Oklahoma brought a pollution lawsuit in 2005 against the Arkansas poultry industry, suggesting the threat of legal action may have spurred the companies to do better at policing themselves.
”The water quality is getting better, and this year, especially, we had very little algae,” said Archie ”Trey” Peyton III, 35, a former environmental consultant.
”There’s got to be a reason for that, which to me it follows that the last two years that most of the poultry litter in this region has been trucked out. But it looks to me like that’s making an impact on the river,” Peyton said.
But Oklahoma says the industry needs to do more, and its closely watched case against 11 companies — including food giants Tyson Foods Inc. and Cargill Inc. — goes to trial Thursday.
It’s been a long-standing practice among poultry farmers in the Illinois River watershed to spread their chickens’ droppings on their fields. But as big business took over the production of broilers, the amount of waste being spread on local fields ballooned — to an estimated 345,000 tons annually in recent years, according to Oklahoma.
Rather of disposing the waste in safer but more expensive ways — including burning it as energy, processing it into pellets or composting it — the state argues that Big Poultry has chosen the easiest, and cheapest, route. Runoff from the waste spread on the fields has polluted the Illinois River with harmful bacteria, degraded its water quality and caused algae blooms, the state argues.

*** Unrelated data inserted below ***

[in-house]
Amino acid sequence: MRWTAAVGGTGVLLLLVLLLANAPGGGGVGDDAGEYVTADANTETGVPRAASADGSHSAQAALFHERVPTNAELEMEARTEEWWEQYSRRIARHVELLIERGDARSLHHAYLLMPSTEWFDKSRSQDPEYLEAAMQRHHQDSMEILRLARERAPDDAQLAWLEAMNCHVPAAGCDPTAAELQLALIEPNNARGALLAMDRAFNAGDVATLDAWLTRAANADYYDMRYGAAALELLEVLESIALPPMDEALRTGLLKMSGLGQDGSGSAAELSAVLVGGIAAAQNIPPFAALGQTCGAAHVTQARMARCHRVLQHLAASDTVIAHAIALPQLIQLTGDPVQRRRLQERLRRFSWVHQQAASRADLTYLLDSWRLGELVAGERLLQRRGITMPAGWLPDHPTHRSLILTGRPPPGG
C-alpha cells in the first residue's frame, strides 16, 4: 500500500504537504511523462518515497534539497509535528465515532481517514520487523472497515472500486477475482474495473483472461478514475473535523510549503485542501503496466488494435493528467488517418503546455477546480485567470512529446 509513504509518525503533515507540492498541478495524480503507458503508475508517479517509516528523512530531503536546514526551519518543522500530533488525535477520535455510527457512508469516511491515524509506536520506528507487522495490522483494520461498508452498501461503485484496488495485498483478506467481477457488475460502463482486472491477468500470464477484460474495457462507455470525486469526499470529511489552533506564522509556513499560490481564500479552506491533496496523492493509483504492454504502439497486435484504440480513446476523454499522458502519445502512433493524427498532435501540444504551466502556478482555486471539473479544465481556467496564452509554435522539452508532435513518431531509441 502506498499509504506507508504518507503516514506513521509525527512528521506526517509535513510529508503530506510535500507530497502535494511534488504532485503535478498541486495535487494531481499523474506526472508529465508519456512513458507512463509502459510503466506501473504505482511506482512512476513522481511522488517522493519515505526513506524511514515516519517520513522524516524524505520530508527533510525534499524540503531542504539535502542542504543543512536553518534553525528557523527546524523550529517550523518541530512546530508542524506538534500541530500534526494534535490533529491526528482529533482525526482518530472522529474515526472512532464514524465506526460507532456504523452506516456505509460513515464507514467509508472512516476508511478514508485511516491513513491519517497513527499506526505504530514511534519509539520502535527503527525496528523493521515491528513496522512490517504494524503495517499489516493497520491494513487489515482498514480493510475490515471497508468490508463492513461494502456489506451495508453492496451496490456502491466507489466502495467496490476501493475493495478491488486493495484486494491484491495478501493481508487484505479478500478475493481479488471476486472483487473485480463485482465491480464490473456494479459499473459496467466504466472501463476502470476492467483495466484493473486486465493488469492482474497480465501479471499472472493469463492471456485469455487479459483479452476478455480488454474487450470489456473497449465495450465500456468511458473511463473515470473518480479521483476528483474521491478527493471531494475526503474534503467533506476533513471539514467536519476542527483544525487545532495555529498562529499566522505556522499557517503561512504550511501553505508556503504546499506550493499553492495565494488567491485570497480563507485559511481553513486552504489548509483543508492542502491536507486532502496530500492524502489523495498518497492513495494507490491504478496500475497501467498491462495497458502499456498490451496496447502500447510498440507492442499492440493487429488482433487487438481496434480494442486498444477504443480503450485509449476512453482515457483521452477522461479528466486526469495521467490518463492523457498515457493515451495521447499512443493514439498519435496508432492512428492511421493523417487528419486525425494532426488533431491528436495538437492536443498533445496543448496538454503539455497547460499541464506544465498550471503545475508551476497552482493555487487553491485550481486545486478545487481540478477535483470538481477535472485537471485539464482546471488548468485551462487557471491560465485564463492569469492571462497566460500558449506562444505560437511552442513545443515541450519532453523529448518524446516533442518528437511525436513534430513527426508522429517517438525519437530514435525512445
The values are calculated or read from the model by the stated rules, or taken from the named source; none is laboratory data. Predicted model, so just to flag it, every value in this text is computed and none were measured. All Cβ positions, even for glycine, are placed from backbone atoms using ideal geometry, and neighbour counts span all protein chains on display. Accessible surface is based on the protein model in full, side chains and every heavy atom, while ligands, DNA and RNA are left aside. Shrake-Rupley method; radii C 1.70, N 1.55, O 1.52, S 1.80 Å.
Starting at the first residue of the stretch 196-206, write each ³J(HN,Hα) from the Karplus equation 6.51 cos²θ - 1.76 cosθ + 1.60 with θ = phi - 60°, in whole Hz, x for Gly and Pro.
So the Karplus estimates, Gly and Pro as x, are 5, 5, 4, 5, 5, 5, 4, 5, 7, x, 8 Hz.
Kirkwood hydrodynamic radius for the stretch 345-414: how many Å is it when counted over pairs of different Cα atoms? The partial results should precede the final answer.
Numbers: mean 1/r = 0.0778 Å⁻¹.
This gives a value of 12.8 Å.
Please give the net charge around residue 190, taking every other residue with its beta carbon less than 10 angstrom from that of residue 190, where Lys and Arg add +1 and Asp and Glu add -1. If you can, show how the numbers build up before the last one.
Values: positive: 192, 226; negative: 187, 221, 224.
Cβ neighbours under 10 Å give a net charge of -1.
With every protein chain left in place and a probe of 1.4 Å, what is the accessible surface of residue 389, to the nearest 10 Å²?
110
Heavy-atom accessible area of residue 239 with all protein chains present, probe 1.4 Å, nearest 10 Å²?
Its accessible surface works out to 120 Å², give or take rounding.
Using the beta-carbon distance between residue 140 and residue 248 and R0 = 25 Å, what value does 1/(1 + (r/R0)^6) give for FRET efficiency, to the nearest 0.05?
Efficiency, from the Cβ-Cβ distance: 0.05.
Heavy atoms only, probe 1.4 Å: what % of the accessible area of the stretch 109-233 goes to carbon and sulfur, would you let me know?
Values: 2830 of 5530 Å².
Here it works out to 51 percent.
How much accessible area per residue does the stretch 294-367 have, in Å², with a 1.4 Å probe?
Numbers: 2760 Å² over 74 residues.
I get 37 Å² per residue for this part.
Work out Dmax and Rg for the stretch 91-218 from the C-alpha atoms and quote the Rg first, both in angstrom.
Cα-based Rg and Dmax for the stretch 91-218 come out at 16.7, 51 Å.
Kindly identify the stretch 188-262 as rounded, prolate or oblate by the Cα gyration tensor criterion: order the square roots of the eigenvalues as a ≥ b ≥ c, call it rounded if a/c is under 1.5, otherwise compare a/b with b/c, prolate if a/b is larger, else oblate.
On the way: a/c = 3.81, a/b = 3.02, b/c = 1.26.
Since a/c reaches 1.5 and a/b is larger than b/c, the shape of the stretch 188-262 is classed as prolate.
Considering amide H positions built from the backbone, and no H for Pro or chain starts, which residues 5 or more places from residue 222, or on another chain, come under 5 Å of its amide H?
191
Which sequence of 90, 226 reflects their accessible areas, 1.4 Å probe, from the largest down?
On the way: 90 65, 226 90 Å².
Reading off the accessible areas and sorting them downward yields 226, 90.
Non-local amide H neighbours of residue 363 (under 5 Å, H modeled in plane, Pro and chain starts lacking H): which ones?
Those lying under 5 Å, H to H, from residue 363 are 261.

The bacteria in the water threatens the health of the tens of thousands of people who use the river recreationally each year, and of the many businesses that rely on it.
The industry argues that Arkansas and Oklahoma sanctioned this practice by issuing farmers permits to spread the inexpensive waste.
The companies say they’ve also taken steps to reduce the amount of waste spread on the fields. Records provided to The Associated Press by the poultry industry show that nearly 290,000 tons of chicken waste have been trucked out of the area between 2005 through last month.
The four-year estimate, which does not include litter hauled away by the Oklahoma Conservation Commission, still is about 55,000 tons less than the amount of waste produced in just one year in the watershed.
Those who live and work along the river say its health appears to be improving. There’s the fatter and more plentiful fish, for one, and less of the thick algae that once coated the river’s bottom like shag carpeting.
The other defendants named in the lawsuit are Cal-Maine Foods, Inc.; Tyson Poultry Inc., Tyson Chicken Inc., Cobb-Vantress Inc., Cargill Turkey Production L.L.C., George’s Inc., George’s Farms Inc., Peterson Farms Inc. and Simmons Foods Inc.
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